EclipseView™ 114-mm Reflecting Telescope
For an even better view of the solar eclipse and other things in space, Meade's 114-mm EclipseView™ telescope is the way to go. When you're not looking at an eclipse, you can use this telescope to view planets, nebulae and other cosmic sights with great clarity. ($189 on Amazon)
Why we love it: This telescope is lightweight and portable, and setup takes only a few seconds.
"Totality: The Great American Eclipses of 2017 and 2024"
The experts lay out everything you need to know about the Great American Total Solar Eclipse of 2017 and the next solar eclipse that will cross the U.S. in 2024. ($23 on Amazon)
Why we love it: This comprehensive guide to solar eclipses includes plenty of history and science as well as important information for anyone planning to see either of the two upcoming solar eclipses in the United States.
EclipSmart™ Solar Shades
Editor's Note: As of Aug. 8 these glasses are unavailable.
Space Racers Kids Eclipse Kit
Editor's Note: As of Aug. 8, only Family Kits remain in stock.
Teachers and parents of young kids may want to invest in the Space Racers Eclipse Kit, which features characters from the popular TV show. The kit comes with safety-certified eclipse viewing glasses, an 11" x 17" eclipse map, a 12-page booklet with viewing tips, safety guidelines and activities, and a limited-edition, embroidered Space Racers mission patch.
Why we love it:Young kids will enjoy seeing familiar characters. The associated website provides a good opportunity to teach youngsters about eclipse science and eclipse-viewing safety.
Order the kit or find more information at Teachers and parents of young kids may want to invest in the Space Racers Eclipse Kit, which features characters from the popular kids TV show. The kit comes with safety-certified eclipse viewing glasses, an 11" x 17" eclipse map, a 12-page booklet with viewing tips, safety guidelines and activities, and a limited-edition, embroidered Space Racers mission patch.
"Sun Catcher" Sunglasses (2-Pack)
Editor's Note: After Aug. 8, delivery of these glasses is not guaranteed before the solar eclipse.
Enjoy the solar eclipse with a friend with these basic, affordable and ISO safety-rated solar eclipse glasses from Explore Scientific. ($2.49 from Explore Scientific)
Why we love it: These "Sun Catcher" sunglasses are just slightly more stylish than the standard paper eclipse viewers for the same low price.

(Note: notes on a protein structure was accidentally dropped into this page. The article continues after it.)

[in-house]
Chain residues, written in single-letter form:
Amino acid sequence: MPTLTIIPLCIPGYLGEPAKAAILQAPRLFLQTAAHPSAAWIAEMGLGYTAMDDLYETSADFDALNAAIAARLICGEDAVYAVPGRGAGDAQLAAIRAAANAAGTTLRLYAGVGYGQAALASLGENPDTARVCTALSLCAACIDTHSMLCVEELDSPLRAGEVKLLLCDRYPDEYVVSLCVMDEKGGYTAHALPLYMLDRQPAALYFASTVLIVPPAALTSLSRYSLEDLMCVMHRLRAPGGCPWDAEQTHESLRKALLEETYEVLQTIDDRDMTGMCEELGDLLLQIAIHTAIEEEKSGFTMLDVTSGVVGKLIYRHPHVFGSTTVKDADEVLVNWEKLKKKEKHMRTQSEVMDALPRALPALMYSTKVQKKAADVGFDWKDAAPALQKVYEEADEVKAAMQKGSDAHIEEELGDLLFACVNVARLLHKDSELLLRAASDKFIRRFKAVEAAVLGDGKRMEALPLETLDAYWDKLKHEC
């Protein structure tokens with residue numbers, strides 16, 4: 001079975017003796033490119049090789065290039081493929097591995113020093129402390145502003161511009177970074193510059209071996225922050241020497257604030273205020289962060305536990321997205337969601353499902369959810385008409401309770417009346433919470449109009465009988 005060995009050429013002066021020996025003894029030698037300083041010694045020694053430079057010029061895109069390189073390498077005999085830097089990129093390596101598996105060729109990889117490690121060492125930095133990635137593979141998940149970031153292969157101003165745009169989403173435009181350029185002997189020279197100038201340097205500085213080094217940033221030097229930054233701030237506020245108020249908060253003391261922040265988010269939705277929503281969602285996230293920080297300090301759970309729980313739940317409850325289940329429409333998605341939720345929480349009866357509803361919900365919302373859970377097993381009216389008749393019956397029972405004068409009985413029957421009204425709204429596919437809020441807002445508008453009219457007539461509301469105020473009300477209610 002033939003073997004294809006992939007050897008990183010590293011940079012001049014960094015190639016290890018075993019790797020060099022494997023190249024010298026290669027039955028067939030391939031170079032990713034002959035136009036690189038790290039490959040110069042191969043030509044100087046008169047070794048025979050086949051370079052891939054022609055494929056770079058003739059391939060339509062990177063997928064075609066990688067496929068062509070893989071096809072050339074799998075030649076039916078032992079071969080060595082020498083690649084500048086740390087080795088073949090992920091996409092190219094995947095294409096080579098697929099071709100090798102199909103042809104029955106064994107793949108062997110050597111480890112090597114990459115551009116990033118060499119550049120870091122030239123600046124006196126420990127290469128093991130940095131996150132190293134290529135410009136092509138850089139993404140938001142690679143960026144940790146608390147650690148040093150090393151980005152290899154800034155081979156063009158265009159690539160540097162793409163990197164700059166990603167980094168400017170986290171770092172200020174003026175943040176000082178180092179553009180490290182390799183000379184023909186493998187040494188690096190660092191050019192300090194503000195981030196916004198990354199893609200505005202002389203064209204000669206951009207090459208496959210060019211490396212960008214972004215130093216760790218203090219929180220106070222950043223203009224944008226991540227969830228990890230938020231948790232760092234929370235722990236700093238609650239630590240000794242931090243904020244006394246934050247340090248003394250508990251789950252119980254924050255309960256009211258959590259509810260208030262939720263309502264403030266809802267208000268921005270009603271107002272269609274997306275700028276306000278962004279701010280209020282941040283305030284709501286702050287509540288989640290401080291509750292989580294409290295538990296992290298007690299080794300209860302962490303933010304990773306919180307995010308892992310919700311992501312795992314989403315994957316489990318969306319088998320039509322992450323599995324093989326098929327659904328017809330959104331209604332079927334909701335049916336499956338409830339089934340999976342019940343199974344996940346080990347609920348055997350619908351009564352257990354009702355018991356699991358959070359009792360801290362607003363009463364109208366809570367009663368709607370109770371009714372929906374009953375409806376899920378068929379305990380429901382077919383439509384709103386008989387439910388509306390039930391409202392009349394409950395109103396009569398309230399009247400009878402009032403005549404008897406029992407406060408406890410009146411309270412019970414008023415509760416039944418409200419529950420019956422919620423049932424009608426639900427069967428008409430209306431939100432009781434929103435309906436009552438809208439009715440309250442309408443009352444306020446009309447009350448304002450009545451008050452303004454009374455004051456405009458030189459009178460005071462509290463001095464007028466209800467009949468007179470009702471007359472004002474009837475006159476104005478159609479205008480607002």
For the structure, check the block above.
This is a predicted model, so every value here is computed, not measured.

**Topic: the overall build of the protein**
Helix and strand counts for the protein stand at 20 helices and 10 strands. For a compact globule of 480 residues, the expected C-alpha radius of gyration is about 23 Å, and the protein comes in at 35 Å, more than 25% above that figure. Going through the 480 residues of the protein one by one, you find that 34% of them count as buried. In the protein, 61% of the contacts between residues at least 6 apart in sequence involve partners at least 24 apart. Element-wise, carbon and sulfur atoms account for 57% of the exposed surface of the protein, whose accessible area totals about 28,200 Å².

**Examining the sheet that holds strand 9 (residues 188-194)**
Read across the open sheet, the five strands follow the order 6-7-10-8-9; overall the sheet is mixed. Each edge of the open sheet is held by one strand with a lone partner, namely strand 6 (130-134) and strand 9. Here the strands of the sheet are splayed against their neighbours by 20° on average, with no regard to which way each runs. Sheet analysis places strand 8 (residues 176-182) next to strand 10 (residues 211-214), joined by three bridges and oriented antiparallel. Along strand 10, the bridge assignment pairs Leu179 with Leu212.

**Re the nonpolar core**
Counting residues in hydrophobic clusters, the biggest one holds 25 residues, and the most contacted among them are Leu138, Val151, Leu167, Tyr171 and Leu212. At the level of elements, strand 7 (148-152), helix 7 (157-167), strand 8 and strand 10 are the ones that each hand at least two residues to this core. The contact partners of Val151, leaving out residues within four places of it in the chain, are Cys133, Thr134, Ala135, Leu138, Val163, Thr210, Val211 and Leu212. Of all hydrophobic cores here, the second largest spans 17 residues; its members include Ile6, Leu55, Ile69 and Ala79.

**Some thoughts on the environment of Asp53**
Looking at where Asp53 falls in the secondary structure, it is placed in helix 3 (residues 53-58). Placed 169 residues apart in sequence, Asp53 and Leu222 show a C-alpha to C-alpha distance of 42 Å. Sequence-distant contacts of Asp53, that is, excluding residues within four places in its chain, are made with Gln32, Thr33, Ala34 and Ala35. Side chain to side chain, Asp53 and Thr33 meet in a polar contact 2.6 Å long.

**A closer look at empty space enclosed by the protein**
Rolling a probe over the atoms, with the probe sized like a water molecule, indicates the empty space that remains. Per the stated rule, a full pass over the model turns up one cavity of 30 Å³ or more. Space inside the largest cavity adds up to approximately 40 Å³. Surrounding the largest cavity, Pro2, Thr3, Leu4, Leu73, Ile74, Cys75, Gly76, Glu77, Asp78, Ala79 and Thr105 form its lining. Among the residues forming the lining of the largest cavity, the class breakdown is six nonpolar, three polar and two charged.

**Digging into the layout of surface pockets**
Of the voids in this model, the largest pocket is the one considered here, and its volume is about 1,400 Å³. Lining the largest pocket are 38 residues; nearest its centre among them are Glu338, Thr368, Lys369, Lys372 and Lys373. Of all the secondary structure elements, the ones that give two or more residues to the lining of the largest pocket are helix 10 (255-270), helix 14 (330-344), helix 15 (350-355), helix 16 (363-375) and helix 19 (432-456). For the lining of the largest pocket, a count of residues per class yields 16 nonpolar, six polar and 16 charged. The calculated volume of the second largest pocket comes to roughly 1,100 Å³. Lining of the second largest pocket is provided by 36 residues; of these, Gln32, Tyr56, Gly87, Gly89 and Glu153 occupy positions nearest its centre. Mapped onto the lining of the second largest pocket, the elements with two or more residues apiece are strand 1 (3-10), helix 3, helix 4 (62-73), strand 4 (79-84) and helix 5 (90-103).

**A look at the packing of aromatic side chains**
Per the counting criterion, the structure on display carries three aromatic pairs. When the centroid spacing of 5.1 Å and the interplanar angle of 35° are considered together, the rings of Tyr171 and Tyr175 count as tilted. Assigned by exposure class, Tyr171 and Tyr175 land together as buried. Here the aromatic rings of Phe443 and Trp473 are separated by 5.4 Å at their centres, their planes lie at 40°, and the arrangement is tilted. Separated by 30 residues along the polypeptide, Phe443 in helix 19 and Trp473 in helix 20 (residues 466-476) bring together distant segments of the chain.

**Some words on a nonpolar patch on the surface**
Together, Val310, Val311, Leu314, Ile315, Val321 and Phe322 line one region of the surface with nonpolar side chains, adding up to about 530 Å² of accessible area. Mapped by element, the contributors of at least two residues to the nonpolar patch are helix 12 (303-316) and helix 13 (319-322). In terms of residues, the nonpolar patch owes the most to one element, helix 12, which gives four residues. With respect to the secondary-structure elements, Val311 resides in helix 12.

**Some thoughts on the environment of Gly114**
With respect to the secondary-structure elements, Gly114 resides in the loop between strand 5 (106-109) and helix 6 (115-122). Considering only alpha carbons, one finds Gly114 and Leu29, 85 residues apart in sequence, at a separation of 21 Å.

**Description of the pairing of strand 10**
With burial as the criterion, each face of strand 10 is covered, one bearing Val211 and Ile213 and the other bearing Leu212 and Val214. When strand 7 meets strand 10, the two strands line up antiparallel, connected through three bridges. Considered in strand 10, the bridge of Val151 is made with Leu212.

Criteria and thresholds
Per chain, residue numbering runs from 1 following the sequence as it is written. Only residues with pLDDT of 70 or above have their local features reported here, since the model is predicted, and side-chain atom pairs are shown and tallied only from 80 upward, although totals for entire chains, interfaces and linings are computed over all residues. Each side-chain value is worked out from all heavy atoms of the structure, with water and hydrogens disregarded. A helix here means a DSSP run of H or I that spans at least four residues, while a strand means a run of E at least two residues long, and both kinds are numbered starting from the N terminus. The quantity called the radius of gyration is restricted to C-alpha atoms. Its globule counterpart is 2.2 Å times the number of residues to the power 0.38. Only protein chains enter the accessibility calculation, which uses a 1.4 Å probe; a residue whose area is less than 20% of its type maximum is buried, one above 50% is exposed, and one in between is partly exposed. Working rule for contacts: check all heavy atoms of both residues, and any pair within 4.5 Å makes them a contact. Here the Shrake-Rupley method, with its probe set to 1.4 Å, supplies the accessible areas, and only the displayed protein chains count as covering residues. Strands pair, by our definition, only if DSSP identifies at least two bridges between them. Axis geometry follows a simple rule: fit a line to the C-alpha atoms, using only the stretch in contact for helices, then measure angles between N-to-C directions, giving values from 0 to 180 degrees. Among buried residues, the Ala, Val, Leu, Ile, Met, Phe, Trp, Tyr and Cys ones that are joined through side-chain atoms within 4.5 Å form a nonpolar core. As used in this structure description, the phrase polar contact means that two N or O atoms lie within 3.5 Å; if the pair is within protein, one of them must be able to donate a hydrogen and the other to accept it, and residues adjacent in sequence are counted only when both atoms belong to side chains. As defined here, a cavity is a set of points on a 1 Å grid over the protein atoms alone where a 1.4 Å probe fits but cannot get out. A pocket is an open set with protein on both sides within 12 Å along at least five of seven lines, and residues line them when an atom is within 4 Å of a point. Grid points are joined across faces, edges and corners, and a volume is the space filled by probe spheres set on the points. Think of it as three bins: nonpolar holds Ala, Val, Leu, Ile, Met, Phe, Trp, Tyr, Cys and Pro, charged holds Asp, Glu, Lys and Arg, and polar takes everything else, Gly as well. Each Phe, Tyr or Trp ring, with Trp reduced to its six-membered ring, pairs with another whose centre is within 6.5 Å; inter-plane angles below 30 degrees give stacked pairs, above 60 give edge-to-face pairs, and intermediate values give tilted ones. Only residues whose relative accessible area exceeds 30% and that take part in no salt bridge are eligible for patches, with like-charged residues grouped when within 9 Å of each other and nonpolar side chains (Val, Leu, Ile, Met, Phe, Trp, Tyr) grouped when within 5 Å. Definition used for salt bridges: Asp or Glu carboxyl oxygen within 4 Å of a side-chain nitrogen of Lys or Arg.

Solar Eclipse Sunglasses
Editor's Note: As of Aug. 8, this store is mostly sold out, and open only for limited times.
These plastic eclipse sunglasses have ISO-approved solar filters just like the paper glasses, but they're higher quality and built to last. While the wrap-around goggles don't fit over other eyeglass frames, the folding eclipse shades can be worn over your regular glasses. ($20 from Rainbow Symphony)
Why we love it: These sunglasses offer the same great protection as the paper eclipse glasses, but they're more comfortable to wear, and you won't have to worry about them falling off your face.
Ultra 8-Piece Sun Observing & Imaging Kit
Editor's Note: As of Aug. 8, this product is listed on Amazon as taking 1-2 months for delivery.
"Sun Catcher" 5x30 Binoculars
Editor's Note: As of Aug. 8, this product takes 8-10 weeks for delivery.
"Sun Catcher" 50-mm Telescope
Editor's Note: After Aug. 8, this product may not ship in time for the Aug. 21 solar eclipse.
Explore Scientific's "Sun Catcher" telescope allows for a safe, zoomed-in view of the total solar eclipse on a budget. This version comes with a 50-millimeter lens. ($20 on Amazon)
Why we love it: These telescopes are relatively affordable, lightweight and compact. They contain an ISO-rated safety filter that can be removed after the solar eclipse, making it useful for year-round stargazing – no eclipse necessary!
Add-On Solar Filters for Telescopes
Editor's Note: As of Aug. 8, Explore Scientific does not list variable aperture solar filters.
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Hanneke Weitering is a multimedia journalist in the Pacific Northwest reporting on the future of aviation at FutureFlight.aero and Aviation International News and was previously the Editor for Spaceflight and Astronomy news here at Space.com. As an editor with over 10 years of experience in science journalism she has previously written for Scholastic Classroom Magazines, MedPage Today and The Joint Institute for Computational Sciences at Oak Ridge National Laboratory. After studying physics at the University of Tennessee in her hometown of Knoxville, she earned her graduate degree in Science, Health and Environmental Reporting (SHERP) from New York University. Hanneke joined the Space.com team in 2016 as a staff writer and producer, covering topics including spaceflight and astronomy. She currently lives in Seattle, home of the Space Needle, with her cat and two snakes. In her spare time, Hanneke enjoys exploring the Rocky Mountains, basking in nature and looking for dark skies to gaze at the cosmos.